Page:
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Former Reagan Official Says Soviet Arms Cutbacks Good Sign for Israel

The 10 percent cutback in Soviet conventional weapons promised by Soviet leader Mikhail Gorbachev in his recent address to the United Nations could foreshadow a decline of Soviet support to extremist Arab elements, according to a former official of the Reagan administration.

Kenneth Adelman, former director of the U.S. Arms Control and Disarmament Agency, made his remarks at the fourth annual Jeane Kirkpatrick Forum at Tel Aviv University this week.

Adelman said that if Soviet policies continue on the path of arms reduction, a time could come when the USSR will play a cooperative role in the Middle East.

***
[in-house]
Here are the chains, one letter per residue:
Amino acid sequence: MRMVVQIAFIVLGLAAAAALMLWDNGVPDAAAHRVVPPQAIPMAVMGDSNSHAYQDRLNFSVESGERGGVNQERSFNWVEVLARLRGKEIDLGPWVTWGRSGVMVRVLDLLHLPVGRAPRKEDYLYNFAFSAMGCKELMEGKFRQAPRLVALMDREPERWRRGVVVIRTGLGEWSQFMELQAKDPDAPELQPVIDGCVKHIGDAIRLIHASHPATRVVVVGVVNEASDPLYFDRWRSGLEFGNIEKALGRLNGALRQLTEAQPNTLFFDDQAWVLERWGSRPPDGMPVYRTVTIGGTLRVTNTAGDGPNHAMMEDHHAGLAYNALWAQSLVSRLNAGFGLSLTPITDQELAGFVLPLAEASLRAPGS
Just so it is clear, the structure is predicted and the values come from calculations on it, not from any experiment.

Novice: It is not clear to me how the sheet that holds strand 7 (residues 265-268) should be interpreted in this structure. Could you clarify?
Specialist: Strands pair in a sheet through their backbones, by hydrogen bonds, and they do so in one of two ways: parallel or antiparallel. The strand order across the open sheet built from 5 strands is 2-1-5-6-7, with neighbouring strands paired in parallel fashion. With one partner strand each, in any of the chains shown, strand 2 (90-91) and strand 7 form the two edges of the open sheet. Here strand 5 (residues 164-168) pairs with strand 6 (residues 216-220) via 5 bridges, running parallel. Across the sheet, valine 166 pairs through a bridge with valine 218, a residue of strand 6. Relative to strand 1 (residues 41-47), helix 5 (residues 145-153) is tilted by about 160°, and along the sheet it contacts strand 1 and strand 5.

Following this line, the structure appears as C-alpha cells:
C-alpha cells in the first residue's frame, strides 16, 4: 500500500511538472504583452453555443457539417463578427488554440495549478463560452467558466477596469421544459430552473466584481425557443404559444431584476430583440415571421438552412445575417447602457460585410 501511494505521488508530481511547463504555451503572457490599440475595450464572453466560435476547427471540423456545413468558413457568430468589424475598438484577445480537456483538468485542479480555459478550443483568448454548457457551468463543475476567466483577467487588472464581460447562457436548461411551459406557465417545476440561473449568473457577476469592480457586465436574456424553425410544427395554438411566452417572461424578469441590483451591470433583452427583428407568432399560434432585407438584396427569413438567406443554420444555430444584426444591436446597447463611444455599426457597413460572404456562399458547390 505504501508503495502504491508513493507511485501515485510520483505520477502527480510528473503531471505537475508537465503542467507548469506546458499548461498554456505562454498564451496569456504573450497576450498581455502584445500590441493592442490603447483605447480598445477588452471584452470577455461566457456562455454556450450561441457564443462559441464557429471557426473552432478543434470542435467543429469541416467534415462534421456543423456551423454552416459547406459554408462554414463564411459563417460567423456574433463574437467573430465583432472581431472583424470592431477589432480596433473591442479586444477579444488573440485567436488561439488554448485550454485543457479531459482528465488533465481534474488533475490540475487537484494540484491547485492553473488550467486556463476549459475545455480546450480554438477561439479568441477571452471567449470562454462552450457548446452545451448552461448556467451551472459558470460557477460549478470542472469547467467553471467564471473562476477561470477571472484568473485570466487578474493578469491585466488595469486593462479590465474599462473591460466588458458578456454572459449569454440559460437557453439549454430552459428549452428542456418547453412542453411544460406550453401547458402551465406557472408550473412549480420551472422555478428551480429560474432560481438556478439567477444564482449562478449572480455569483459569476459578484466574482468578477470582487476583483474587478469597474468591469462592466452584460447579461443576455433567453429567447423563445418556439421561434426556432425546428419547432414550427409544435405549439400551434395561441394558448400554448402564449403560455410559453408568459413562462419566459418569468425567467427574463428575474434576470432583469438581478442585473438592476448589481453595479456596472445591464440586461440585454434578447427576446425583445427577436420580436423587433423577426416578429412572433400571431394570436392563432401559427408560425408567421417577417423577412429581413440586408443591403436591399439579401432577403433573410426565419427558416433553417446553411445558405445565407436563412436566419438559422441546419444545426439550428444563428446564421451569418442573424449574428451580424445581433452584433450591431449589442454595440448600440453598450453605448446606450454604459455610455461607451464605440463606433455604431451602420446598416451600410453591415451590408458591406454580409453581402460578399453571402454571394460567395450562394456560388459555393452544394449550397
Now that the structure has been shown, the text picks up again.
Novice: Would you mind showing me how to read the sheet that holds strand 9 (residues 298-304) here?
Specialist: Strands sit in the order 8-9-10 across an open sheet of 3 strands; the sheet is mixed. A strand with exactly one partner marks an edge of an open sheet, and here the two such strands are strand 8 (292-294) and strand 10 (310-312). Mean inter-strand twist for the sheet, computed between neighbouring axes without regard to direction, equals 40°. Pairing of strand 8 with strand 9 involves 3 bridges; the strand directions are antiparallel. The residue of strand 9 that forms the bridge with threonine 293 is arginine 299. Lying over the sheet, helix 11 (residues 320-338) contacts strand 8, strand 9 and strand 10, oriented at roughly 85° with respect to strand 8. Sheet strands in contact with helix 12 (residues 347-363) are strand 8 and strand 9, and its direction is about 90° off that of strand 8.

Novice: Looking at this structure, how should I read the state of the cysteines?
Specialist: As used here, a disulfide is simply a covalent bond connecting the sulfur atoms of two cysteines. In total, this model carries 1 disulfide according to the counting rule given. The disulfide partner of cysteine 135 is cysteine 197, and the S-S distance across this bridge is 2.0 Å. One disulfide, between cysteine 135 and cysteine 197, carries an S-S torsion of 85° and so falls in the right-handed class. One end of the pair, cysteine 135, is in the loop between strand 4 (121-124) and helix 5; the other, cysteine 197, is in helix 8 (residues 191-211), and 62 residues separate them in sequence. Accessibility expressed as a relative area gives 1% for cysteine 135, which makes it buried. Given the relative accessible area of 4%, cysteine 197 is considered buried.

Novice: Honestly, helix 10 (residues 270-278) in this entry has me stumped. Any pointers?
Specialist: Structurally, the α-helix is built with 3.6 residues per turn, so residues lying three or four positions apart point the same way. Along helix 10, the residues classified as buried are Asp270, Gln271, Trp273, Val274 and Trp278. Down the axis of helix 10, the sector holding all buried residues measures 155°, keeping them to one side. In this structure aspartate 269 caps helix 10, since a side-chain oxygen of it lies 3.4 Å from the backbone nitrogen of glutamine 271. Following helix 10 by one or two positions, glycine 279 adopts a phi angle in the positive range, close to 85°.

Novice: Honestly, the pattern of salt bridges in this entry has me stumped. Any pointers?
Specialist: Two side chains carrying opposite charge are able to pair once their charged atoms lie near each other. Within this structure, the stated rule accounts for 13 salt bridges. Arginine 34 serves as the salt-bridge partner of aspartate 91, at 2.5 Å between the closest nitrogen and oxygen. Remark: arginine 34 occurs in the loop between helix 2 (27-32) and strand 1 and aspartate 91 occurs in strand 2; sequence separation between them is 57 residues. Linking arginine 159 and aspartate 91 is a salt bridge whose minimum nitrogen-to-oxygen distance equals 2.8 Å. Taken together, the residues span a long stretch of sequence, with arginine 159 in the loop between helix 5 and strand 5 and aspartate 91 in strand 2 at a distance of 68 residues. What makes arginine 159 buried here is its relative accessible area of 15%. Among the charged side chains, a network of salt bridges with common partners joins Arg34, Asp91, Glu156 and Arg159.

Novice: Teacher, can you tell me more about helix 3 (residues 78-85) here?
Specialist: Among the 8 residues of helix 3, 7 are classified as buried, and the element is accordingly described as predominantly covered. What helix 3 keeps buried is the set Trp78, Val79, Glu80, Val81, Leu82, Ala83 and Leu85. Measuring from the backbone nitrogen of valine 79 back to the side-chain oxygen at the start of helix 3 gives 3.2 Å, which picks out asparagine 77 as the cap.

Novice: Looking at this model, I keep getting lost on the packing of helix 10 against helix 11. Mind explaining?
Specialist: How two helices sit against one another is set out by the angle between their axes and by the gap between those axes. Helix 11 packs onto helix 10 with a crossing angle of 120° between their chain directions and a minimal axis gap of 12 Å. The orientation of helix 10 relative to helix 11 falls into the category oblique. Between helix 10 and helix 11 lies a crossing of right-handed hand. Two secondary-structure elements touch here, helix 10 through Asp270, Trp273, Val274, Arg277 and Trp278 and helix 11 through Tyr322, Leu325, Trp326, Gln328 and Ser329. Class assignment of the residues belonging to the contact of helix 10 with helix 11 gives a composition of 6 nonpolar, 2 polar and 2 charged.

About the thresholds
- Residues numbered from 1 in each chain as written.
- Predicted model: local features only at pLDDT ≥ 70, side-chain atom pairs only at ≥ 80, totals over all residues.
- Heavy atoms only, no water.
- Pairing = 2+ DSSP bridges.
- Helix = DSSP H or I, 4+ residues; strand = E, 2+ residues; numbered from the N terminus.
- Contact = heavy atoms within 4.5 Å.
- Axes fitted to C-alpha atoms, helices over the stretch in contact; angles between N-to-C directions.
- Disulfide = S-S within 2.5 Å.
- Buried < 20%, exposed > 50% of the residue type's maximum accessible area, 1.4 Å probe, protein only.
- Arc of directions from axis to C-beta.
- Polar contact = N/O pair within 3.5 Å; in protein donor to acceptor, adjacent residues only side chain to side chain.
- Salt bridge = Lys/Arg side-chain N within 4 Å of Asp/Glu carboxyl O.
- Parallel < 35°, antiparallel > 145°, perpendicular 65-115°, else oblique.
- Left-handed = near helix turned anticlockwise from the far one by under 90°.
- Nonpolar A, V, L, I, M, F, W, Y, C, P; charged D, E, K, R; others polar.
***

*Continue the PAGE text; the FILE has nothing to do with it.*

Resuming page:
He warned, however, that the easing of U.S-Soviet tensions would decrease American reliance on Israel as a Middle East factor that “stands up to the Russians.”

The Kirkpatrick Forum included discussions on a wide range of topics, from Soviet arms reductions to the shortage of drinking water in the Gaza Strip.

The forum is named in honor of the former U.S. ambassador to the United Nations.

Dr. Joyce Starr, senior associate of the Center for Strategic and International Studies in Washington, warned that available water resources in Israel and Jordan will fall 30 percent short of meeting needs by the end of the century.

She urged the sharing of water data among Israel and its Arab neighbors, even in the absence of peace agreements.

“Water will be the first issue on the agenda between Israel and the Palestinians,” Starr said.

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